Monday, January 21, 2008

Income ?= Intelligence

Boortz says on January 21, 2008,

The median age of voters in the 2008 election will be 44 ... and for Hillary voters, they will be single women and the uneducated. How does that make you Hillary supporters feel? Every study that's been done has shown that Hillary supporters make less money .. that mean's they're less successful than the supporters of other candidates. I think it's fair to say that they're less intelligent as well.

I think it's fair to point out that Boortz makes oodles more money than the average voter for any candidate, but gives every indication in his writing that he is far less intelligent than the average voter... for any candidate.

I'm not sure how to link to him these days... Here is his main page, and the relevant quote is in the "Required Reading Section". After today, I'm sure today's page will eventually be added to an archive of some sort.

Tuesday, November 20, 2007

Reply to NB

Google isn't so bad... I guess I'm still able to post to this dinosaur. I noticed another mention of this blog on the Nuze page lately (way at the bottom of the reading assignments on November 14), wondering why nobody updates this any more. I thought I explained it in my farewell posts of 2... what? ... 3 ... what? almost 4 years ago. Yes, I am still blogging, at least occasionally. With a friend who I met when Neal directed his listeners here the first time - about 4 years ago. We are now at Tete-a-Tete-Tete (Hi Buck!). We even still keep up with Neal Boortz from time to time, and post about something he wrote.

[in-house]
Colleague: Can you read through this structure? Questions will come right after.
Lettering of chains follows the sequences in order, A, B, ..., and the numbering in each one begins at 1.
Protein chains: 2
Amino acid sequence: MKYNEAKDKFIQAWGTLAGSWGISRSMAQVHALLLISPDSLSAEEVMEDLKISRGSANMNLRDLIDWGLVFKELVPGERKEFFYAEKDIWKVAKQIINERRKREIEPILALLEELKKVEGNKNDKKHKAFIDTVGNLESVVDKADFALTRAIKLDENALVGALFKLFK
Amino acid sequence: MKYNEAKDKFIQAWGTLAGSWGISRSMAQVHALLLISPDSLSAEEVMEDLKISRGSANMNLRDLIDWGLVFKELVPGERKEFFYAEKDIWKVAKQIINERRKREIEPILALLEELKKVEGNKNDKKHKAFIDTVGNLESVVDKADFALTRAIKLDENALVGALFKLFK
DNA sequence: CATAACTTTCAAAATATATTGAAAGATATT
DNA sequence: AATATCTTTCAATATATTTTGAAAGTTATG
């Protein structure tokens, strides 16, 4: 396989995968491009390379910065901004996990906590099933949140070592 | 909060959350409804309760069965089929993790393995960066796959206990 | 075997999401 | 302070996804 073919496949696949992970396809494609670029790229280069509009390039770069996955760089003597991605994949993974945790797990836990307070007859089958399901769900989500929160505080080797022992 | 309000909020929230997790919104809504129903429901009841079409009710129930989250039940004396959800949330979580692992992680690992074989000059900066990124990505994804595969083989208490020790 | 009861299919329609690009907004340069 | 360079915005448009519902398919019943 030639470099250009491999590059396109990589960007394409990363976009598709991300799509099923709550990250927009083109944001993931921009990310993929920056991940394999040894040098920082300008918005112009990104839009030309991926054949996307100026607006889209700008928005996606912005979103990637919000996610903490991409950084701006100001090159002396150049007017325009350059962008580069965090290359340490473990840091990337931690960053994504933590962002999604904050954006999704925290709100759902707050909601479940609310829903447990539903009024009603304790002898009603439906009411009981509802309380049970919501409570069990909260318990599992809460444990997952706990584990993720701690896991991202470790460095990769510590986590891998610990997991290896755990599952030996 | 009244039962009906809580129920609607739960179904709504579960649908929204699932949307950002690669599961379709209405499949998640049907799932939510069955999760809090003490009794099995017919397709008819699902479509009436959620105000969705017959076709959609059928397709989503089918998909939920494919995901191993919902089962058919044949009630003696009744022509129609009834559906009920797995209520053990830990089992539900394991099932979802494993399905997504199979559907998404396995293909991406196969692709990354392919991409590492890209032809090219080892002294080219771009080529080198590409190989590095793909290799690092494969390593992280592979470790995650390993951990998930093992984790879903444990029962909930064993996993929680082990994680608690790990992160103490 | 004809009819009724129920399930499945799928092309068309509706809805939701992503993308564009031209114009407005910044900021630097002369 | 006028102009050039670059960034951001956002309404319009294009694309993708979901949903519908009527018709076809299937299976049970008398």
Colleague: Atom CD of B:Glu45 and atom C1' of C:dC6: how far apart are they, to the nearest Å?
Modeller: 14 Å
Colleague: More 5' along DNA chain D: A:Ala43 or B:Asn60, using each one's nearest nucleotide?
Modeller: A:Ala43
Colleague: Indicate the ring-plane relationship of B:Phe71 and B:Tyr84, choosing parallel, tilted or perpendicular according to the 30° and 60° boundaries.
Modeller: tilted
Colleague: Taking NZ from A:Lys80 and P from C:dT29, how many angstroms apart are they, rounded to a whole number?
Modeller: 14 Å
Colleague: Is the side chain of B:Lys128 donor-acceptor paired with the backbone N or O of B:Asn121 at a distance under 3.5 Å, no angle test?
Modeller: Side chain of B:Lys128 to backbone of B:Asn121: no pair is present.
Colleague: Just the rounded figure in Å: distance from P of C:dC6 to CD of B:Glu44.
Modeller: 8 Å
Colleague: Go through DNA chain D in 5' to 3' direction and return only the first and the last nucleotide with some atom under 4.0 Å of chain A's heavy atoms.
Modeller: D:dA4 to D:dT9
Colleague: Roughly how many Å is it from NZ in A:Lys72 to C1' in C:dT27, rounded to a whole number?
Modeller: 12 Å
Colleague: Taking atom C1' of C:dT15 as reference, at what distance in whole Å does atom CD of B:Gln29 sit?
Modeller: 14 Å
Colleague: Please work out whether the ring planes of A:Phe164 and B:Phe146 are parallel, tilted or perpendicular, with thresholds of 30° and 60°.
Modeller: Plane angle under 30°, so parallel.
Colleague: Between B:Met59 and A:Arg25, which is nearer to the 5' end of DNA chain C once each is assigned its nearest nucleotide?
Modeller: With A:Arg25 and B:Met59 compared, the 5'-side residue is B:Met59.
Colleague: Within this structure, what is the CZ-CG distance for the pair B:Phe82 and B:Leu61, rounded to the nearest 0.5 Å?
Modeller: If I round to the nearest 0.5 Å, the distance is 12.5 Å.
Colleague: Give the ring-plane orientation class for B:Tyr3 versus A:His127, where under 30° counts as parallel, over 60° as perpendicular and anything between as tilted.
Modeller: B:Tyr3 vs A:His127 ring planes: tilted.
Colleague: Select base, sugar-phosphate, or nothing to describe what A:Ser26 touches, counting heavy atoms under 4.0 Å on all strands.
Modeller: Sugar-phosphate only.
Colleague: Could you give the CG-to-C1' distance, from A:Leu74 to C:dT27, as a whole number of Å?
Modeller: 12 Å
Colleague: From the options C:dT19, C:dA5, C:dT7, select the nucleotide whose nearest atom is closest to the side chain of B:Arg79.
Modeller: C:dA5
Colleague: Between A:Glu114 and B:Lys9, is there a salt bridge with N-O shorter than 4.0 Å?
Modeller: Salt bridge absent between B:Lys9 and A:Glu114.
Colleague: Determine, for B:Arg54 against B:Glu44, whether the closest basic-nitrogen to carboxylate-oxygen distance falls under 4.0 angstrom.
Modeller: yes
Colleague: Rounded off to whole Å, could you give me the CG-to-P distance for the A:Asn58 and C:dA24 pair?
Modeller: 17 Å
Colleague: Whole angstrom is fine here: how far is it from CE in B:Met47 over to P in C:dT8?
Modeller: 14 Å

So, this post is for Neal, who wanted to see something new here. Next question is why? Mr. Boortz, if you read this & are interested in having a nemesis out here on the internets, post something to let me know what you are looking for. I'm too busy to be a one-man paparazzi for a full-time radio host, but maybe I can find time to do a digest post once per week or so.

Sunday, January 04, 2004

One Last Thing

I've gone ahead and set up the Best of Boortz archive at the new complex. Hope to see you there.

Saturday, January 03, 2004

Hello, goodbye, hello.

I've enjoyed doing the anti-boortz blog. I will continue to enjoy policing the more outlandish Bootzisms I run across, but it will not be here anymore. Nor will it be at my other blogspot page. From now on, I will run one (1) blog. It's address is I will be doing a "Best of Boortz column there fairly often. Powered by Moveable Type, I will be able to keep those posts categorized together. I hope the readers and antagonists I've picked up from Neal's link to me will stay around and watch the new blog. I'll see you there, I hope.

Thursday, January 01, 2004

Don't Read This Blog Entry (or "One time, at Band Camp...")